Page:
CSE 403: Advanced Operating Systems

Project #1: User-Level Threading Library (tar.gz file) Due Feb. 28th March 5th



Project Goals:


  - Understand the mechanisms behind threading implementations

  - Extend a programming environment with a feature not present in most languages

  - Encounter and resolve issues related to concurrency and scheduling


Project Details:


  The goal of this project is to implement a user-level thread library in Linux.  A good starting point is to read the documentation of POSIX threads (pthreads).  I am also providing some code that can be used as a reference for how to handle certain low-level issues.


  Part 1 (50pts): implement the following functions to create a bare-bones user-level thread library:


    int uthread_create(thread_id* t, void* (*start)(void*), void* args)

      Creates a new thread that will begin executing the function indicated by the 'start' parameter, using arguments as specified by 'args'.  The first parameter will be updated to hold the id of the thread that was created. A return value of 0 indicates success, and -1 indicates failure.


    int uthread_join(thread_id t, void** status)

      Waits for the thread with thread_id of t to call uthread_exit.  If the thread has already exited, then uthread_join should not block.  If called twice for the same value of t, one call should have a return value indicating error, and the other a return value indicating success (e.g., the value 0 on success, and -1 on failure)


    void uthread_exit(void* val_ptr)

      When a thread calls uthread_exit(), it should terminate, in a manner that is compatible with the uthread_join() call.  Furthermore, the val_ptr value should be made available to a thread calling uthread_join.


      An implicit call to uthread_exit should be made if a thread returns from its start routine.  In that case, the function's val_ptr should indicate the return value of the start routine.


    int uthread_self()

      When called from a thread T, this function returns an integer that uniquely identifies this thread.  The thread number zero should be reserved for the main program thread.


    void uthread_yield()

      When called from a thread T, this function indicates to the scheduler that T may be de-scheduled, so that another thread may be scheduled.  If there is no other available thread, then T will continue running. Otherwise, the implementation *must* switch to another thread.


  There are some important considerations:


    Can your library support a function creating a thread, and then running concurrently with that thread?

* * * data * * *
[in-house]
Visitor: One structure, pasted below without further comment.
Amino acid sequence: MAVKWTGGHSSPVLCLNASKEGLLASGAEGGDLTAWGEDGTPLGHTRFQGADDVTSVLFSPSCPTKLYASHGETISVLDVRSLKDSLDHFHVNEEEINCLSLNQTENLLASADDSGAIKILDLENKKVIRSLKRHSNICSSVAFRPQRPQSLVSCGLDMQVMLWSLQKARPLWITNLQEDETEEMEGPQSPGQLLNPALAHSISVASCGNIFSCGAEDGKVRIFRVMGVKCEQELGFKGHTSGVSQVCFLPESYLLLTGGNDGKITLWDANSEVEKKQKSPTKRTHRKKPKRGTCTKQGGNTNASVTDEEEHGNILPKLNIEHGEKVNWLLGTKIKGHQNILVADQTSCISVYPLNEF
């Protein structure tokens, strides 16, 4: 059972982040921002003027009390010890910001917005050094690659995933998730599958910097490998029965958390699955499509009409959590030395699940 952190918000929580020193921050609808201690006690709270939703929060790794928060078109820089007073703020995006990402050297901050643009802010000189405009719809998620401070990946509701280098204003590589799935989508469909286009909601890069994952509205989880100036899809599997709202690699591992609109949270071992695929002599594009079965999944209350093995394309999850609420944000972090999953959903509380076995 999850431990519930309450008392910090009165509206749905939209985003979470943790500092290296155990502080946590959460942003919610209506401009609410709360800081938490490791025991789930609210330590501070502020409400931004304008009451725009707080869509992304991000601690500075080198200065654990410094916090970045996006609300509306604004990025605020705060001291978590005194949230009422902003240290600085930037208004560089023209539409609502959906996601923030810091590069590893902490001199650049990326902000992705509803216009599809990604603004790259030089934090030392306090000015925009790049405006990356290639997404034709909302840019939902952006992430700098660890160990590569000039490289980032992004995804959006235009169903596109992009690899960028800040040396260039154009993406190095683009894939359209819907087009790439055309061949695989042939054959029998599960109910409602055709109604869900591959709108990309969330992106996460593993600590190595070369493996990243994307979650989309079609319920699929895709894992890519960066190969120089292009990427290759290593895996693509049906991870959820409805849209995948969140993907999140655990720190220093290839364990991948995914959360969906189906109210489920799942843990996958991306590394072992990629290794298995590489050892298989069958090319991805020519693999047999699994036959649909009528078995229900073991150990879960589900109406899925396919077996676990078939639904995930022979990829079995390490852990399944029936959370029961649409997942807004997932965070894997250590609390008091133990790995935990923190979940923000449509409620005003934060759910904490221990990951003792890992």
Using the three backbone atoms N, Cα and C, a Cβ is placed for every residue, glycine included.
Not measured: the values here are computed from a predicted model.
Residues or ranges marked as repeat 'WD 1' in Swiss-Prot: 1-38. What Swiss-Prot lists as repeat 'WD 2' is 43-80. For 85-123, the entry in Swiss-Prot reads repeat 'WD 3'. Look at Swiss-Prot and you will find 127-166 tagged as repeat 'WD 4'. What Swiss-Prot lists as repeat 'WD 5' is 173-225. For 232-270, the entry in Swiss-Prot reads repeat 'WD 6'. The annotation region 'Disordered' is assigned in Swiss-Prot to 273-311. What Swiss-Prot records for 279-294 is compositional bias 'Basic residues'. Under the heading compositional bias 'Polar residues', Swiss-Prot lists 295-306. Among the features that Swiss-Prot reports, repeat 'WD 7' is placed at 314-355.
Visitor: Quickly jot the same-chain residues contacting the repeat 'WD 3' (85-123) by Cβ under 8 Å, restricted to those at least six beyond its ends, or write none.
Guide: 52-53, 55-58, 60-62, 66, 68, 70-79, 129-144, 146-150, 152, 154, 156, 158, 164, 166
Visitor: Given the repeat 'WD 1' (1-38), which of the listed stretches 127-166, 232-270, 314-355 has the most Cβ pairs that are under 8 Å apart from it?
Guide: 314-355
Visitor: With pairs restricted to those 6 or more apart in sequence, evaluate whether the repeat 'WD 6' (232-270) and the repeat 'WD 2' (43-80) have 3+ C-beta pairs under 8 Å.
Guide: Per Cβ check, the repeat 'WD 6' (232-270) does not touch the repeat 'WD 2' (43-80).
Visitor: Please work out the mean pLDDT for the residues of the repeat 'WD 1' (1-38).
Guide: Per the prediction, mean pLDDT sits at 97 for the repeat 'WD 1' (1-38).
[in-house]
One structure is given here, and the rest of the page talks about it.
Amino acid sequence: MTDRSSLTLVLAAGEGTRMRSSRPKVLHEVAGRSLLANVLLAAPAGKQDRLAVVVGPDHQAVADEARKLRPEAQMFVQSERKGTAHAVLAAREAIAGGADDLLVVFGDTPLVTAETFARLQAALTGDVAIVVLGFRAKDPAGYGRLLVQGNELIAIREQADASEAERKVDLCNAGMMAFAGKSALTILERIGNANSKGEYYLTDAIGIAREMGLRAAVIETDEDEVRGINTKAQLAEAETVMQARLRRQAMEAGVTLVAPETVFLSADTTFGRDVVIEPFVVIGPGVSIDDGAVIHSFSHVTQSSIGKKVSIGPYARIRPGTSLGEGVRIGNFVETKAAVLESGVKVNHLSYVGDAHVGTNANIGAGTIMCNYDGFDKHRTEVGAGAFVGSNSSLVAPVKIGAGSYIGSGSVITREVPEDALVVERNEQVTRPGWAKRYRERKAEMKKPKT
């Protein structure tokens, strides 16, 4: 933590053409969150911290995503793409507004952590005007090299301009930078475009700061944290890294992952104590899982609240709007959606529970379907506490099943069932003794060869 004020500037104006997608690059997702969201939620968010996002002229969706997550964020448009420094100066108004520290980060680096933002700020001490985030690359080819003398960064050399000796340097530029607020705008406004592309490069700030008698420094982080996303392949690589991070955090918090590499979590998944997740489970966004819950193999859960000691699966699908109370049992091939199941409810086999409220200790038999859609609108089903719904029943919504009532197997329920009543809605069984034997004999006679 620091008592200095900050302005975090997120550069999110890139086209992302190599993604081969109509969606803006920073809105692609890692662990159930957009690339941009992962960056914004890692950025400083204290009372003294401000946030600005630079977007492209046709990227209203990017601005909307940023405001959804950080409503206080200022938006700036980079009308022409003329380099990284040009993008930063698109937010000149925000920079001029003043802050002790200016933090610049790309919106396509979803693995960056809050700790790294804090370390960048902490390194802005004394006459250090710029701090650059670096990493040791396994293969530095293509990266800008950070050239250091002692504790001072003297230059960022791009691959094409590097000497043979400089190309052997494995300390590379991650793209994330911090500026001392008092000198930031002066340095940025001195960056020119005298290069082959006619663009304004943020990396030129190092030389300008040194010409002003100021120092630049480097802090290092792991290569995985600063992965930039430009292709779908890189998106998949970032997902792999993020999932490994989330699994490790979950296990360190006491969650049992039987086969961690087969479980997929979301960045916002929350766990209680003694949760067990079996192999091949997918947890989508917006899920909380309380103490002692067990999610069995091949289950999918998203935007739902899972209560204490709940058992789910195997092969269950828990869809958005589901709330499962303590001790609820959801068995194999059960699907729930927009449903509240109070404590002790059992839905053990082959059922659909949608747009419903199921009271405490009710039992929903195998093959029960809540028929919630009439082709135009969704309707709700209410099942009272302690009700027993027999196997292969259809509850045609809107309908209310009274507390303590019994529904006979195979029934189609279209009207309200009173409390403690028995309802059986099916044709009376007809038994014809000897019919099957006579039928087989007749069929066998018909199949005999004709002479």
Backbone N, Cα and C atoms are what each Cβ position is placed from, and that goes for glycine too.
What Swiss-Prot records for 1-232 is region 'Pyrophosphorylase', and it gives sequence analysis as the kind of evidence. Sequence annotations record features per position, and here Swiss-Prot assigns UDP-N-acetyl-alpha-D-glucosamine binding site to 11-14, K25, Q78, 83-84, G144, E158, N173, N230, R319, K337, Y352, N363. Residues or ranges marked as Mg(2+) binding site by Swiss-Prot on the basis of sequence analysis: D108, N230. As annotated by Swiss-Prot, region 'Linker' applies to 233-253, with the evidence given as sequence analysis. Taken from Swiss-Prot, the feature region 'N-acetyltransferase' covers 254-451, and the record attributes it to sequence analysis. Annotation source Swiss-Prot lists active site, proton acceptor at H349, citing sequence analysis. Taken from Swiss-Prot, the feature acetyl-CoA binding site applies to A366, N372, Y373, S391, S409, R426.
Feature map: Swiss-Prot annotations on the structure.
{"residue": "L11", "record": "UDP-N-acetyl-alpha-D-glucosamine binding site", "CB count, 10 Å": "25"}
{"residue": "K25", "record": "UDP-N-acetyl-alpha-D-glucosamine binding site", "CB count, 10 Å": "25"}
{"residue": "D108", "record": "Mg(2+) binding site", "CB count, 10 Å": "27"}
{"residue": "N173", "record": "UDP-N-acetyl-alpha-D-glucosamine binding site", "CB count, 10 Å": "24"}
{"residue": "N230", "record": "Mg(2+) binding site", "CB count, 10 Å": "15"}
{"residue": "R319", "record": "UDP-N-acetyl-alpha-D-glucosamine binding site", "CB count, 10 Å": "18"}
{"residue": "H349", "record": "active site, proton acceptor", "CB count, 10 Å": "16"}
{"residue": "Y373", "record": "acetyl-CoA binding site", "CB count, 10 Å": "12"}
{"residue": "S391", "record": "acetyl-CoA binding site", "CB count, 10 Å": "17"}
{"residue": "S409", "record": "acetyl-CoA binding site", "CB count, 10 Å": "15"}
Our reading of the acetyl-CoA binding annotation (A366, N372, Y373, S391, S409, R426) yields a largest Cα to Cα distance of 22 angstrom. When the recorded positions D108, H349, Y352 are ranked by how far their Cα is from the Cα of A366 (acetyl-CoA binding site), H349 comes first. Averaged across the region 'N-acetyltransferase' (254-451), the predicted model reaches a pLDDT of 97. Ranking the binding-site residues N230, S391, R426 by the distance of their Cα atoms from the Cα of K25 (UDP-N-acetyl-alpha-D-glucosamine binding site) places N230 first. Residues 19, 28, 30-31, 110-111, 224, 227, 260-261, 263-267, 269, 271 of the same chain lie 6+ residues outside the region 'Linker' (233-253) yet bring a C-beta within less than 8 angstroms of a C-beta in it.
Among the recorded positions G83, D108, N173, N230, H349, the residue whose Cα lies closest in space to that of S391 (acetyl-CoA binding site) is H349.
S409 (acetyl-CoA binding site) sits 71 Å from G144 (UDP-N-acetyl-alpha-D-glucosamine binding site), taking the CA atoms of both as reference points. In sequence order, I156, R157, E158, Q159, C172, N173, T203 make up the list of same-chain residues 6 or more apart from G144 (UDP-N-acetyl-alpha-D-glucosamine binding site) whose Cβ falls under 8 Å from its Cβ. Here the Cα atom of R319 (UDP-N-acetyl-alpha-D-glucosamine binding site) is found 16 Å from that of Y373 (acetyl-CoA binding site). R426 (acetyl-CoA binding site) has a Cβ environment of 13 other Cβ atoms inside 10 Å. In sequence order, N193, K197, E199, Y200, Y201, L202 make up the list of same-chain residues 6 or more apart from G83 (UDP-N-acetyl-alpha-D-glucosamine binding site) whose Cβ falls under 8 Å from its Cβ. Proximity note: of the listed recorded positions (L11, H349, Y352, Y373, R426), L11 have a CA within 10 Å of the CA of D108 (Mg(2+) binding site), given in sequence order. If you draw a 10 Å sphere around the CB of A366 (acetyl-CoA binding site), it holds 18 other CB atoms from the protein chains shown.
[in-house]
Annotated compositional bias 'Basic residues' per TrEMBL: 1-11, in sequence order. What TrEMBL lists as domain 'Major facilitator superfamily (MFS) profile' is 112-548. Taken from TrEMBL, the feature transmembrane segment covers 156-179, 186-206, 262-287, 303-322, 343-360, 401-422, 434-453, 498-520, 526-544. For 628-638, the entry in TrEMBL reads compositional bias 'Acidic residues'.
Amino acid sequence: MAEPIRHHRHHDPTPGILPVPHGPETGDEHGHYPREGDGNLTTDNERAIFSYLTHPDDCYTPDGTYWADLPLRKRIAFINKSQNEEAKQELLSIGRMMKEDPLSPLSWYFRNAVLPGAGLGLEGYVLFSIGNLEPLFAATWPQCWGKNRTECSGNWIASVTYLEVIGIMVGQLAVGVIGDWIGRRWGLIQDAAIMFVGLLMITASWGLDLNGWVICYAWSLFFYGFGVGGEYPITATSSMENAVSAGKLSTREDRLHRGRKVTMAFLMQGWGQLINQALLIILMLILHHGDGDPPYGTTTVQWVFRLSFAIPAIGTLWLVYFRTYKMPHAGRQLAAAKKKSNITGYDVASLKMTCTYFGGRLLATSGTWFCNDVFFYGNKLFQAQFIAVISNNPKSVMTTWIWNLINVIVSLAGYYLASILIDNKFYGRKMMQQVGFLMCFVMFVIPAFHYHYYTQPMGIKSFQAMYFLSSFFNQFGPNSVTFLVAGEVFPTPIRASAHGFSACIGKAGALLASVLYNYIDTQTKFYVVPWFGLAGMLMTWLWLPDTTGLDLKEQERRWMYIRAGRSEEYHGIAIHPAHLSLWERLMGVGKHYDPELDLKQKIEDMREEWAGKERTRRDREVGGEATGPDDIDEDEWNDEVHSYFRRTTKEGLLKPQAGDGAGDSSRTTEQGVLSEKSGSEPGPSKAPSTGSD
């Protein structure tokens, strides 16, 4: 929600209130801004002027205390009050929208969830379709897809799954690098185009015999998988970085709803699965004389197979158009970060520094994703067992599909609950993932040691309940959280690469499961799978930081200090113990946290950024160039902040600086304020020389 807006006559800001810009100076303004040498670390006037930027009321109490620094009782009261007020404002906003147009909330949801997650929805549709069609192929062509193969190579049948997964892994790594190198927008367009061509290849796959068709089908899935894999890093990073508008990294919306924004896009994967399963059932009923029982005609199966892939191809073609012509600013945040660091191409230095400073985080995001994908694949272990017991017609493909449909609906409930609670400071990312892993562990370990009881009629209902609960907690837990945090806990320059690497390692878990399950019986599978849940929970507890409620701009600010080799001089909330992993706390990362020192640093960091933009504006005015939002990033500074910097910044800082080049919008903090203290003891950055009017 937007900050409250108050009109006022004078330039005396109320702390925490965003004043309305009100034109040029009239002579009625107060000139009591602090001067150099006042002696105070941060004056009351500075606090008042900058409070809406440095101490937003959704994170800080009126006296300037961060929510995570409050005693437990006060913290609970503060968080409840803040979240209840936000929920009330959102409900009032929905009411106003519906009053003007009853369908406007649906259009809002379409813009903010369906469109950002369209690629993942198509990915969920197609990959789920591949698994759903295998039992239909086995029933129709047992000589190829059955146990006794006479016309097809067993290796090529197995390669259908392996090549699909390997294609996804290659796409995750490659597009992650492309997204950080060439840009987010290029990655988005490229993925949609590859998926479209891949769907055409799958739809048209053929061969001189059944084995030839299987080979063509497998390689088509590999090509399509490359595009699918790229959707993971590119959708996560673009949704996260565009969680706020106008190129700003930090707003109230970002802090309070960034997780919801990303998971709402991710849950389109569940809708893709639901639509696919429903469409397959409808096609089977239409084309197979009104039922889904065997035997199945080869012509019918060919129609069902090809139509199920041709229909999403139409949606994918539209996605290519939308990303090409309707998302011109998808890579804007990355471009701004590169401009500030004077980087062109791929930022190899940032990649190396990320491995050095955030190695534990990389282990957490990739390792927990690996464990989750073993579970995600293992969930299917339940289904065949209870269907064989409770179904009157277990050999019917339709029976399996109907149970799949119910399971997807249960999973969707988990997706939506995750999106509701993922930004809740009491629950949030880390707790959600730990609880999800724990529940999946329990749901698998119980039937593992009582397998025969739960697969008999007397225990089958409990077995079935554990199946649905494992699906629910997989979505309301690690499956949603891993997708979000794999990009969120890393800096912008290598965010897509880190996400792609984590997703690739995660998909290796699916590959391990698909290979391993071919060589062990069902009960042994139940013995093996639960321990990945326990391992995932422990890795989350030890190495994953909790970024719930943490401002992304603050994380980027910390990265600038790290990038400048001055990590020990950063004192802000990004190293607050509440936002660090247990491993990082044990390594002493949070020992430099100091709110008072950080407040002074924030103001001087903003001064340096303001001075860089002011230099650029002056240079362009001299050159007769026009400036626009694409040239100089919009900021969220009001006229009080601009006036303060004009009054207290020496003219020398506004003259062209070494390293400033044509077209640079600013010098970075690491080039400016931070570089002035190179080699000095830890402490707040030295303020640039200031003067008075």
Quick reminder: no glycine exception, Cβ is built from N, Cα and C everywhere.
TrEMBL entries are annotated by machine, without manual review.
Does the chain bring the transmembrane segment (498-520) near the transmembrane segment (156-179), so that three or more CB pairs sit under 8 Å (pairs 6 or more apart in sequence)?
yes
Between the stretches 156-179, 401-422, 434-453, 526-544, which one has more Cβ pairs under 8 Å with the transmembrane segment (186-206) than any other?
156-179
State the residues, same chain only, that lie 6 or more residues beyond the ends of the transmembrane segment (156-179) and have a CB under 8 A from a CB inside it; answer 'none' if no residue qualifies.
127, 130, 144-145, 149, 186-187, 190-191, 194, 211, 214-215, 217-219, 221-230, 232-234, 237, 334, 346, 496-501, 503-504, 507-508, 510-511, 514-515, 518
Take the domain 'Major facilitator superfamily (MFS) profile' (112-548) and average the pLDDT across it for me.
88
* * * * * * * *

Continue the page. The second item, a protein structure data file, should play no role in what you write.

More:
Do you correctly handle return values from threads that exit?  If a thread fails to call thread_exit(), do you handle the case correctly?


    Does your program schedule threads in an acceptable manner (e.g, round-robin scheduling)?


    A good way to think about this is "if I used my uthreads package instead of pthreads, would a program still work?".  You might even want to use compile-time build flags and macros to enable your test programs to work with both pthreads and your uthreads package.


  Part 2 (40pts): A support for preemption.  Learn how the various timer and alarm signals in Unix work, and choose an appropriate repeatable timer.  Use that timer to preempt threads and hand control to other threads.  This should not affect the API for your program at all.


  Part 3 (10 pts): Add support for locks and condition variables.  Your solution should not rely solely on spinning, but instead should de-schedule a thread when it is unable to make progress due to an unavailable resource.  The interface should be the same as in the pthread library.  You'll probably need to read some pthread documentation before implementing these functions:


    int uthread_mutex_lock(uthread_mutex_t *mutex)

      Acquires the lock.  Note that you can define uthread_mutex_t however you see fit, but be careful to take int account part 4 when thinking about part 3.  __sync_bool_compare_and_swap() might be useful, and/or



    int uthread_mutex_trylock(uthread_mutex_t *mutex)

      Attempt to acquire the lock, and return a status indicating success or failure.


    int uthread_mutex_unlock(uthread_mutex_t *mutex)

      Release the lock.  You probably want your lock to be reentrant.


    uthread_mutex_t mutex = UTHREAD_MUTEX_INITIALIZER

      Declare and initialize locks like this.  You don't need to worry about destroying locks.


    int pthread_cond_signal (pthread_cond_t* cond)

      Unblock a thread waiting on the condition variable, if one exists.


    int pthread_cond_broadcast (pthread_cond_t* cond)

      Unblock all threads waiting on the condition variable.


    int pthread_cond_wait (pthread_cond_t* cond, pthread_mutex_t* mutex)

      Unlock the given mutex and put the calling thread into a blocked state.

      When the associated condition variable is signalled, this function re-locks this mutex and returns to the caller.


    uthread_cond_t cvar = UTHREAD_COND_INITIALIZER

      Declare and initialize condition variables like this.  You don't need to worry about destroying condition variables.


  Part 4 (Bonus 10pts): Extend your library to support multiple kernel-level threads (pthreads) that execute different

          uthreads simultaneously.


Note: Homework is collected at the beginning of class on the due date.